[00:09:24] So Sun is saying here that the best way to beat your enemy is by avoiding the battlefield altogether.

[00:09:33] I guess that might not be what you’d expect to find in a book called The Art of War, right?

[00:09:40] The second theme that I want to mention is the importance of preparation. 

[00:09:46] Now, this is by no means revolutionary, Sun didn’t invent the idea that it was important to be prepared. 

[00:09:54] But a recurrent theme in the book is that the person who is best prepared, who knows the territory, who understands the enemy’s strengths and weaknesses, and perhaps most importantly, who has a well-trained army, will be victorious.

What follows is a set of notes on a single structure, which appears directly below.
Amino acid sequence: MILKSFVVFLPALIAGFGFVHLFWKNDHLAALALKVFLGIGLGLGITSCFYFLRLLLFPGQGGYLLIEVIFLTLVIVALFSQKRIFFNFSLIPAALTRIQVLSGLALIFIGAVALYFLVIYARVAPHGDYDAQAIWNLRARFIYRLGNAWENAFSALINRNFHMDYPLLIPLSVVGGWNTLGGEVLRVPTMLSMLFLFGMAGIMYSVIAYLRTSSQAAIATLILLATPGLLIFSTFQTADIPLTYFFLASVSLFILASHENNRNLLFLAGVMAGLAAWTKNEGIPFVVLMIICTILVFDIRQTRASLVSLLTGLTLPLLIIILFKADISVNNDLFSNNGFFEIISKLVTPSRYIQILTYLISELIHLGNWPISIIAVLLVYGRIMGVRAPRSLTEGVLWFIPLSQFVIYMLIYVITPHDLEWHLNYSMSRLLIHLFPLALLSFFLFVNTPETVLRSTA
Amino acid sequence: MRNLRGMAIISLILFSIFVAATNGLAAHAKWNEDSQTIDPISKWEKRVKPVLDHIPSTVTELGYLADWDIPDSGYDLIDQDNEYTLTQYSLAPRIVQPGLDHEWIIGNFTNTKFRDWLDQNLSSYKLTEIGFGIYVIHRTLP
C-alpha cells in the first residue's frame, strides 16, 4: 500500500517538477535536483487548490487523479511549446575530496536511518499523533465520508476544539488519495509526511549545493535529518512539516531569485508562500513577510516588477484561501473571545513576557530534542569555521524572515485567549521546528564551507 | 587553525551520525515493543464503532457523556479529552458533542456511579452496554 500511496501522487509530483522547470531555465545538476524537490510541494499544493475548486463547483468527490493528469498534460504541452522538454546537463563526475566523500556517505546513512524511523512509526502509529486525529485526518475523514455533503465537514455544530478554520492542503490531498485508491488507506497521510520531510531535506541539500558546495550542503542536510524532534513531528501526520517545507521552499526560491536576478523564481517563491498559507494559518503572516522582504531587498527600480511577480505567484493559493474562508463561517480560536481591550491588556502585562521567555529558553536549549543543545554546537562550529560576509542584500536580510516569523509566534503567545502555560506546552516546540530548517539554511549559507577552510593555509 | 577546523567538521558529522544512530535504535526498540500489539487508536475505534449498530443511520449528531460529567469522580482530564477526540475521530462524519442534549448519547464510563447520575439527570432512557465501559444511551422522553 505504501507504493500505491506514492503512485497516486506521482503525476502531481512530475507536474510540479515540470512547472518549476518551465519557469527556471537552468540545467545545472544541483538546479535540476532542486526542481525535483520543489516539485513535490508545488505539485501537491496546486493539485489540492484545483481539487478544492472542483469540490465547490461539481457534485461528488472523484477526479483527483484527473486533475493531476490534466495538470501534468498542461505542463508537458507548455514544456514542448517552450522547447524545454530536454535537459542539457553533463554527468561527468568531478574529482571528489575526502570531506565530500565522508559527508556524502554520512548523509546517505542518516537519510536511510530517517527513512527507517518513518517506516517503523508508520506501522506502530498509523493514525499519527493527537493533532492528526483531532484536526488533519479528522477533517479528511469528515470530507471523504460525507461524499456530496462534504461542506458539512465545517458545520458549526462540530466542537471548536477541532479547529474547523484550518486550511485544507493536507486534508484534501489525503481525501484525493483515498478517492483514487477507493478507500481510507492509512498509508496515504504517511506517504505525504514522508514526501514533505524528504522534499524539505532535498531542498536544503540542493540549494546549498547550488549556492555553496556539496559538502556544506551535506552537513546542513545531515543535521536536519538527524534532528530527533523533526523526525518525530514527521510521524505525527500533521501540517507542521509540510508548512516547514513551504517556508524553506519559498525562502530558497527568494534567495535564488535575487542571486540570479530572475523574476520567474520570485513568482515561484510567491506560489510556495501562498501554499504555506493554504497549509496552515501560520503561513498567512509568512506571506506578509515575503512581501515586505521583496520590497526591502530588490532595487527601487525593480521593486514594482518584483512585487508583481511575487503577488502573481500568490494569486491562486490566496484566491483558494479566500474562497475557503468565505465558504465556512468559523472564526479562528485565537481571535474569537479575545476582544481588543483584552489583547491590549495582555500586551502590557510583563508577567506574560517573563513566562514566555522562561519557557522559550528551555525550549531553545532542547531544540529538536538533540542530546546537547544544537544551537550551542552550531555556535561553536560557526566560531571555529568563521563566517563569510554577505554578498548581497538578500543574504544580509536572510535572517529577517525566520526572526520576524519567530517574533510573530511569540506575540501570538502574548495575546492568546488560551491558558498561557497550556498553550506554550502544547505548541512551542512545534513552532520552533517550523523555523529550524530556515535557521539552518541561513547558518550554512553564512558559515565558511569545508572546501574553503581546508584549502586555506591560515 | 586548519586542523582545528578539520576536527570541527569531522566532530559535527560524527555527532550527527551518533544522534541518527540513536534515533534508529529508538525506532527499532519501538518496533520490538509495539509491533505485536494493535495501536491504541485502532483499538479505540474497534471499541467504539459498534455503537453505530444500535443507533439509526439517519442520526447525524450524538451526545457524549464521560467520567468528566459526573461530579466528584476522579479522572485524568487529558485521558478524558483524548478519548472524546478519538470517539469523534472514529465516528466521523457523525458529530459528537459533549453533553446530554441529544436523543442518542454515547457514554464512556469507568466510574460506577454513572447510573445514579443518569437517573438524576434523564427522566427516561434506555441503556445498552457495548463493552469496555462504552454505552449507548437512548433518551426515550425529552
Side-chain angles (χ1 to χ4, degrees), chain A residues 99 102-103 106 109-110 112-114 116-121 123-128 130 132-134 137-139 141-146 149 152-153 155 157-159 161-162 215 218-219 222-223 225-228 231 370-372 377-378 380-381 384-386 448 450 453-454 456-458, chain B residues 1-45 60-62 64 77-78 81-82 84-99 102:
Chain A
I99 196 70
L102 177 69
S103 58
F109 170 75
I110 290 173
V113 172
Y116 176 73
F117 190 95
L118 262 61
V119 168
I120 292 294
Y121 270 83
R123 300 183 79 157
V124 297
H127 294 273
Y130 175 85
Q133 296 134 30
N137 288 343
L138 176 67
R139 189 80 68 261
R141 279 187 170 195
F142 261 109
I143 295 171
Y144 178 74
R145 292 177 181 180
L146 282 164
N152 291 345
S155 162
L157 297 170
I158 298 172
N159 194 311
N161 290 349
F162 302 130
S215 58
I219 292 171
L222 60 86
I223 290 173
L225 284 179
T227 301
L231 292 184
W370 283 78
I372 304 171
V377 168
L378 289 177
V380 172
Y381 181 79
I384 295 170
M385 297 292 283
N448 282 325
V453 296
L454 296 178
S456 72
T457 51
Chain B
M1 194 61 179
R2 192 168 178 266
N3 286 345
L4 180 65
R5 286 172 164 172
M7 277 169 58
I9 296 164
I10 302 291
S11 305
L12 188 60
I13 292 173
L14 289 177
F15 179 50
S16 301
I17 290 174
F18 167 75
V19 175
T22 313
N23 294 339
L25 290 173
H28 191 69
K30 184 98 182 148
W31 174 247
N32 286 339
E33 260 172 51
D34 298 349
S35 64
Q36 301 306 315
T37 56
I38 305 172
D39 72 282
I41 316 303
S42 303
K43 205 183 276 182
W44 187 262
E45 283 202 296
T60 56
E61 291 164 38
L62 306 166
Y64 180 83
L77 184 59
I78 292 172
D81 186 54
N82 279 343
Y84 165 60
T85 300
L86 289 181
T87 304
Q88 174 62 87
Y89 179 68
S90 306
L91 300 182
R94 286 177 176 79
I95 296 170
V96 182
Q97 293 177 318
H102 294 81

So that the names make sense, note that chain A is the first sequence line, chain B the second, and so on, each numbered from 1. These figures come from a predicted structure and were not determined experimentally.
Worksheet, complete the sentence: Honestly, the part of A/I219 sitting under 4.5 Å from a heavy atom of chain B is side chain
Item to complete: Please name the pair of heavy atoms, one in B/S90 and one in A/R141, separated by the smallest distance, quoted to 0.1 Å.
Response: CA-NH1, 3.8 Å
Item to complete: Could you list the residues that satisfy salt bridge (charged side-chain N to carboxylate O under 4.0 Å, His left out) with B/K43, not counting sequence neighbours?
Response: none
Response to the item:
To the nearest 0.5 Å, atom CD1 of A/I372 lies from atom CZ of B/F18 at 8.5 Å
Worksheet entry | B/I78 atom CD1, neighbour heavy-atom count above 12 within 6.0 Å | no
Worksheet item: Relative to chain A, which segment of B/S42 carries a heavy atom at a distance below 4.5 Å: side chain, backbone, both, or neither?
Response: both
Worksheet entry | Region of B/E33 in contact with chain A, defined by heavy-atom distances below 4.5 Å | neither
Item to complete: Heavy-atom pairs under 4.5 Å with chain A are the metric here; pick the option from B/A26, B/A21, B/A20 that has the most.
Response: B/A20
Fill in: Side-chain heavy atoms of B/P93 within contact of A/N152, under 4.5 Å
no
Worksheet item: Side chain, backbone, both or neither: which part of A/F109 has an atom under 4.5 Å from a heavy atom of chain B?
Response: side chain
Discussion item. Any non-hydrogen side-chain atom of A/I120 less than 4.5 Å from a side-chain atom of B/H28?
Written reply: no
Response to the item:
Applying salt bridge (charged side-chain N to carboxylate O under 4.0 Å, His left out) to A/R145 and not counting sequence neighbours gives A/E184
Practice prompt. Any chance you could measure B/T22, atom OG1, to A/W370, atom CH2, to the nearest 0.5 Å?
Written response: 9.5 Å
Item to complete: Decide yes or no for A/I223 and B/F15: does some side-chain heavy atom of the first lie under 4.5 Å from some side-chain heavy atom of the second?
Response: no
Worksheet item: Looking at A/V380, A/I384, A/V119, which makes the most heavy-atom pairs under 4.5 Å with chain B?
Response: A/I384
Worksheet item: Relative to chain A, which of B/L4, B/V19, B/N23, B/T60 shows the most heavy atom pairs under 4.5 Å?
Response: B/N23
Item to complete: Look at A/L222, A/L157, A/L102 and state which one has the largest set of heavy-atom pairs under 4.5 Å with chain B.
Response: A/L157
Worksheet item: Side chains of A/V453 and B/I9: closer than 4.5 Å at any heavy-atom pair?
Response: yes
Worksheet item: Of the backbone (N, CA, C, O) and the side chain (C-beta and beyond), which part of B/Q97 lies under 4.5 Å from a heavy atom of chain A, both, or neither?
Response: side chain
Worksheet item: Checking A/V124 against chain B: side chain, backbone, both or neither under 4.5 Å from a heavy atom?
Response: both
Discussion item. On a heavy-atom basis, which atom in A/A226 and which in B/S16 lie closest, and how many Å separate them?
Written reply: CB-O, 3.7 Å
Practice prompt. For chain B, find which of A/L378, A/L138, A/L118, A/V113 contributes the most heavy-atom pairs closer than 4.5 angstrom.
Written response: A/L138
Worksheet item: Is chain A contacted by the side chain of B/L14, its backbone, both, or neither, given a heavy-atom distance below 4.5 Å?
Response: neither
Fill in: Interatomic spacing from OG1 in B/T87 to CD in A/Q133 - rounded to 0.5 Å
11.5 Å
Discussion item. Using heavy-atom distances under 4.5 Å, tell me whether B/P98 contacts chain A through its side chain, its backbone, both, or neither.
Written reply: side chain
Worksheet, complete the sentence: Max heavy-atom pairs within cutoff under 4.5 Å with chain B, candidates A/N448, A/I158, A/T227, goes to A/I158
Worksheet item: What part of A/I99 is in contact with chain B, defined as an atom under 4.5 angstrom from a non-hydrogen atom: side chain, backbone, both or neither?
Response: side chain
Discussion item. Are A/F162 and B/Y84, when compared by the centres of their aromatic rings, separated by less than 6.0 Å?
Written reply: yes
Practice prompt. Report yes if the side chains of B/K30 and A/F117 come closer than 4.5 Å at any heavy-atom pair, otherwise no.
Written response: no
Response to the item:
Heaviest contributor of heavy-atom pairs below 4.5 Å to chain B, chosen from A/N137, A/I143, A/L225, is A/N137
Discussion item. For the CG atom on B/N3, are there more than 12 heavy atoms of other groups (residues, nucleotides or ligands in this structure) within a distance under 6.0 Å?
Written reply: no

[00:10:12] There’s a quote that you may have heard here, and that’s “it is said that if you know your enemies and know yourself, you will not be imperiled in a hundred battles; if you do not know your enemies but do know yourself, you will win one and lose one; if you do not know your enemies nor yourself, you will be imperiled in every single battle."

[00:10:36] Our third, and final ‘general’ lesson here from The Art of War that is worth pointing out is the importance of being adaptable, of analysing the situation at every possible moment and changing as required.

[00:10:52] Sun writes that a good leader should be constantly ready and adaptable to change, and that change actually presents opportunities. 

[00:11:02] Indeed, Sun writes that a strong leader should try to hide their plans, hide their strategy so that it is hard for the enemy to make a plan. 

[00:11:13] And similarly, a good leader should be ready to adapt at all times to fit the situation.